If you’ve seen me improvise recently you’ll already likely know that I have a particular interest and passion for musical improvisation. It feels like I’ve constantly been playing with one format or another, often riffing on similar inspirations or striving to solve similar tensions or challenges. I’m currently performing in a format I devised and directed at SAK Comedy Lab called Lights Up: The Improvised Rock Opera, which in many ways builds off prior attempts. (That’s the image above as I don’t have any photos of the show I’m about to discuss.) The first such effort, however, was a rather modest affair during my undergraduate days at Roosevelt University in Chicago. It also happened to be my first real attempt at conceiving, rehearsing and directing a long-form improv show.
As noted in prior blog entries, my initial improv training in New Zealand was in the Theatresports model which was almost exclusively short-form during my time with the company, although I recall that there was always a willingness to let scenes and games have the time they needed and I can remember at least one instance when a musical game ultimately ended up feeling like a small one-act with multiple beats and songs. Although long-form was certainly happening in Chicago, particularly the Harold, my heavy campus rehearsal schedule and commitments as a scholarship holder didn’t allow me to see any, and my performance work with Comedysportz was very much focused on short-form games, as were the two community shows I directed and hosted for Night Players. I had some nontraditional long-form training at Astors’ Beechwood one summer in a living history experience and an Estate-centered murder mystery, but that was about it. I don’t think that I realized how much I didn’t know at the time, thank goodness, and so the possibility of building an improv musical from the ground up didn’t strike as much fear in me as perhaps was warranted.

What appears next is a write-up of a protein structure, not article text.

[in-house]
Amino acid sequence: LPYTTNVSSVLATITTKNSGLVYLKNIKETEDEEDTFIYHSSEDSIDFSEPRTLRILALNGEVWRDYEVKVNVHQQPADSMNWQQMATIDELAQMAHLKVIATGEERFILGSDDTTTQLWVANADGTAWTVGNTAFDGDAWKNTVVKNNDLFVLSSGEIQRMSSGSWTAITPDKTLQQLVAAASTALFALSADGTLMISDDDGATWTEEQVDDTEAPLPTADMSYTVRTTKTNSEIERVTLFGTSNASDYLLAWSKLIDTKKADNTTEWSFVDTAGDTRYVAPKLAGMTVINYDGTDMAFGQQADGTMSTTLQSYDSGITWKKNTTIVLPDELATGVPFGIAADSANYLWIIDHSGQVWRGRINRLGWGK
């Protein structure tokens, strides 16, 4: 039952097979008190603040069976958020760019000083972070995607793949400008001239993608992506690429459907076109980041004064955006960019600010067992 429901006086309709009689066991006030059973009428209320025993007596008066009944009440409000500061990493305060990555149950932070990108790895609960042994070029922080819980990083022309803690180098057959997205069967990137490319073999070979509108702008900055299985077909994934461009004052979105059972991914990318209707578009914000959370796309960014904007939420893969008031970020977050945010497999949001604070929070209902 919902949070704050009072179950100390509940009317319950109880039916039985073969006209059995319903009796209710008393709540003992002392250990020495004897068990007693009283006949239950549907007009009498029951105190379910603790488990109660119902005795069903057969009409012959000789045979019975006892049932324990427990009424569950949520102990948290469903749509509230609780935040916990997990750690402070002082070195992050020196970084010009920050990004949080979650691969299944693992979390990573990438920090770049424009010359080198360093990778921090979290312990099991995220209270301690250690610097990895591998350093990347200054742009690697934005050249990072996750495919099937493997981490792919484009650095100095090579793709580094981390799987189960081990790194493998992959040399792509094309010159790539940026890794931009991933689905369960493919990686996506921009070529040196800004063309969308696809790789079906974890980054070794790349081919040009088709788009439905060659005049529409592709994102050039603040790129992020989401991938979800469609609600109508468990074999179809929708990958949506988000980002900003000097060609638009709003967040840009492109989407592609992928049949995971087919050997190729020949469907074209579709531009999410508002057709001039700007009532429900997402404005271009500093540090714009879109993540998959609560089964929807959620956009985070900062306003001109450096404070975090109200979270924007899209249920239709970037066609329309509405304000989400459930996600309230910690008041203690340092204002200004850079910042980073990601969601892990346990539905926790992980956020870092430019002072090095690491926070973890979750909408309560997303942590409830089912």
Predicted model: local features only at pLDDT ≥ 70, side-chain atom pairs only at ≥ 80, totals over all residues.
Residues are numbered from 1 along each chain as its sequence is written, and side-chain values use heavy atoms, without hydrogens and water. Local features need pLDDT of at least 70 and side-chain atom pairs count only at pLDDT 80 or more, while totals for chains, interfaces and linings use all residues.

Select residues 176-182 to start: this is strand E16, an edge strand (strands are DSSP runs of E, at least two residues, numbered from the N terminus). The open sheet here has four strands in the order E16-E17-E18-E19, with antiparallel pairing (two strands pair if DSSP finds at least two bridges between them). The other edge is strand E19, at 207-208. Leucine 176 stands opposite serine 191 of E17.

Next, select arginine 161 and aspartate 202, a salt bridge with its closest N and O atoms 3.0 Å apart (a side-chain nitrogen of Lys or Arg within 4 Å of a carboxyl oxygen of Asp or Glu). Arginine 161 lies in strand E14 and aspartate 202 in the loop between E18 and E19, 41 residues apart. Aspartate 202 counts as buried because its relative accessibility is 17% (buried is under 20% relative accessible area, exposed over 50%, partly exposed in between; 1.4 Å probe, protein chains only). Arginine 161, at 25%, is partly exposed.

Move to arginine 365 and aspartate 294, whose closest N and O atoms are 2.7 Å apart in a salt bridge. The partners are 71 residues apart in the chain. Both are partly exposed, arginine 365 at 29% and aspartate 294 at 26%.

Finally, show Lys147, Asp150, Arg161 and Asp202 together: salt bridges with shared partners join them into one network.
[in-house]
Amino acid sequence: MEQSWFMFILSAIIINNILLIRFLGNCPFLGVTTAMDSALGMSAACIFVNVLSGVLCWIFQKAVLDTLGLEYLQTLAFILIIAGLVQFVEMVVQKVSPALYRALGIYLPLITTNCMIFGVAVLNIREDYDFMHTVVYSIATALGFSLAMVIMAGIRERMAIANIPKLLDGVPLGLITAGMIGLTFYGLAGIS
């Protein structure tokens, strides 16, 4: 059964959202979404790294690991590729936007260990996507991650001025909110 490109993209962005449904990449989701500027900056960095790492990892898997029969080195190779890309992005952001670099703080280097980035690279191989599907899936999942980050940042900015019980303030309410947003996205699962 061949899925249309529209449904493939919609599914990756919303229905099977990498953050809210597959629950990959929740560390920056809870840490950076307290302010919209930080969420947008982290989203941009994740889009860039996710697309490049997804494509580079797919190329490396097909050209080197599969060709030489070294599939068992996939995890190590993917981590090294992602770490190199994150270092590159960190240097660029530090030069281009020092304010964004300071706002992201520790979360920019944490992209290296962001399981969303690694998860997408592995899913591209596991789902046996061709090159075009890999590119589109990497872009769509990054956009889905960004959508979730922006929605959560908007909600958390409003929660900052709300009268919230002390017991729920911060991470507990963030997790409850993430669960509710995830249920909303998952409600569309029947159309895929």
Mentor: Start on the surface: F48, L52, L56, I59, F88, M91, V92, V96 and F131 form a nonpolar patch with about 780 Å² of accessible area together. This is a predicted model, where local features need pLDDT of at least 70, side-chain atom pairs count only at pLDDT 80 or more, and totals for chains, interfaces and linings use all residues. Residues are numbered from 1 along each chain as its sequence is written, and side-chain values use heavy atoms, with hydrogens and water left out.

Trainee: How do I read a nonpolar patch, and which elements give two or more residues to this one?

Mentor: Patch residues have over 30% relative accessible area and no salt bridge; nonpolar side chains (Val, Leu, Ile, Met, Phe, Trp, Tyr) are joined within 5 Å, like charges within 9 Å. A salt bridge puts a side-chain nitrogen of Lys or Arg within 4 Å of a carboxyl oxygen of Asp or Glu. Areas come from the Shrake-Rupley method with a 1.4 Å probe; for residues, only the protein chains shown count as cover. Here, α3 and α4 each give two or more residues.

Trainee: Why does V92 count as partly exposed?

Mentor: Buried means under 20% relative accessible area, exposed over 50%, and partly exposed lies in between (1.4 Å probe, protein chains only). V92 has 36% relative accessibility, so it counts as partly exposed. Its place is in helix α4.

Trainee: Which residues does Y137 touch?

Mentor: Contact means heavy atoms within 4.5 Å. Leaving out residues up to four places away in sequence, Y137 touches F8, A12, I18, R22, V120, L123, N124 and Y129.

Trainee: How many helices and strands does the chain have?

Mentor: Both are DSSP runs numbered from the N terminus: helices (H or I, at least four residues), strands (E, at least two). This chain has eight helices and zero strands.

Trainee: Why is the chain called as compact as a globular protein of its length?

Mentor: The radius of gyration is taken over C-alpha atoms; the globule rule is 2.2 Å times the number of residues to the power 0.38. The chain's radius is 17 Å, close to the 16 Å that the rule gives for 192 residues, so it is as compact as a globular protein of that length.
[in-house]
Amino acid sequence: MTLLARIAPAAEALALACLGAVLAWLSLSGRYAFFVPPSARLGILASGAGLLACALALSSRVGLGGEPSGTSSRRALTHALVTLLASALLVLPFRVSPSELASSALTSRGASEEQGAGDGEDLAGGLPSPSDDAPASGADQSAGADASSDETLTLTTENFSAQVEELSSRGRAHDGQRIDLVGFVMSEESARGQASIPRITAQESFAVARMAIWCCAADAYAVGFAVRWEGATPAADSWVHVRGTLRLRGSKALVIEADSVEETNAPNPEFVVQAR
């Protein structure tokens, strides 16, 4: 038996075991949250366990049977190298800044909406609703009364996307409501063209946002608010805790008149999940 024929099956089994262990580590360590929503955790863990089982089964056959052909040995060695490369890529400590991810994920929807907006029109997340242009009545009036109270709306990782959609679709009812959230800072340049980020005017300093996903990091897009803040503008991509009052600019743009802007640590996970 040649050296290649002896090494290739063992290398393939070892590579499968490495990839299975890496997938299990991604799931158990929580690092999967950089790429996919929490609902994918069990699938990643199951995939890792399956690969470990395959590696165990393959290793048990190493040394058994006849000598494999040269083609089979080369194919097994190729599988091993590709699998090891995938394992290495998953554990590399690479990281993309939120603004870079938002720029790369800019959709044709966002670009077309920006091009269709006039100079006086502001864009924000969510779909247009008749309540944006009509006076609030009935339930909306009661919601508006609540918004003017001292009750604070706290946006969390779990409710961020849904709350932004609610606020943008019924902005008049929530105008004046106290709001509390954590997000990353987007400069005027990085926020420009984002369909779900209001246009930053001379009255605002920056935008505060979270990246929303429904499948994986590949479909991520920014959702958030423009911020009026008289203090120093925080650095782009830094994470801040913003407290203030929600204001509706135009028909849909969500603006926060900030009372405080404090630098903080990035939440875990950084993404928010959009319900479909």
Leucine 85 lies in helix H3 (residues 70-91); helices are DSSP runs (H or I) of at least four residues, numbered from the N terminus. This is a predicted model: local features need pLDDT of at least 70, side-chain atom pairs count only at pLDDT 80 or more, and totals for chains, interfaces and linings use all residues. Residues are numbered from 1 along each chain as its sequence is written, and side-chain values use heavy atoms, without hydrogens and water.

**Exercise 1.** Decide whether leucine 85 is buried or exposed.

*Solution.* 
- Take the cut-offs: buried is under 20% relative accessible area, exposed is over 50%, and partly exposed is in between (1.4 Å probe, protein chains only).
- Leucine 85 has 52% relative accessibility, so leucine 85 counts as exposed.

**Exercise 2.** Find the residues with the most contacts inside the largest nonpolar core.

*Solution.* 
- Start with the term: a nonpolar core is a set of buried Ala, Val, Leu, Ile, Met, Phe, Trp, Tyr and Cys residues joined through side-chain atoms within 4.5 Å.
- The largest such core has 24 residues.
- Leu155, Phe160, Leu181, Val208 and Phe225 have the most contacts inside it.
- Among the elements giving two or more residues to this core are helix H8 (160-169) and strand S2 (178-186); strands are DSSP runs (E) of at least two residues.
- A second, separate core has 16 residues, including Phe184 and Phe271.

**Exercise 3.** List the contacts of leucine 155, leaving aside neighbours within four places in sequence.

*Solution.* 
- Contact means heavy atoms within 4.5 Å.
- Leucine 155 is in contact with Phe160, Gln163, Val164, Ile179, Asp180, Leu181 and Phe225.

Roosevelt had a pretty intensive production schedule, but the department was generally pretty amenable to students mounting works if they could find a pocket of time that didn’t conflict with other shows. A friend and talented director, Ed Basden, had done wonders with this model early in my time there, and so I pitched and managed to secure a slot in April 1995, right before my graduation, for a four-performance run of Insta-Musical: Just Add Water in the O’Malley Theatre.
The Basic Premise: A company of ten improvisers craft an original character-driven story based on audience suggestions, utilizing a stock of pre-set song structures to help guide the energy and action.
Looking back, the givens of this production were unique and show the level of “can-do” that the whole company took to the project in spite of our inexperience in this genre. (I was directing a long-form and I hadn’t even been in one or possibly even really seen one!) For starters, we were an improvised musical, but we didn’t have a dedicated musician. Instead we had a smart keyboard (by 1995 standards) several chord progression sheets that I had laboriously constructed in my dorm room with my limited musical knowledge, and luckily a few company members with reasonable piano skills that rotated into the role as they could. A workable solution – just – but certainly not even close to ideal. I also remember that one of our company members, Melanie Esplin, was simultaneously cast in Fefu and Her Friends that was running in tandem with our improv show, so we had an agreement that her character needed to die or leave the world of the play each performance in time for her to make her other call.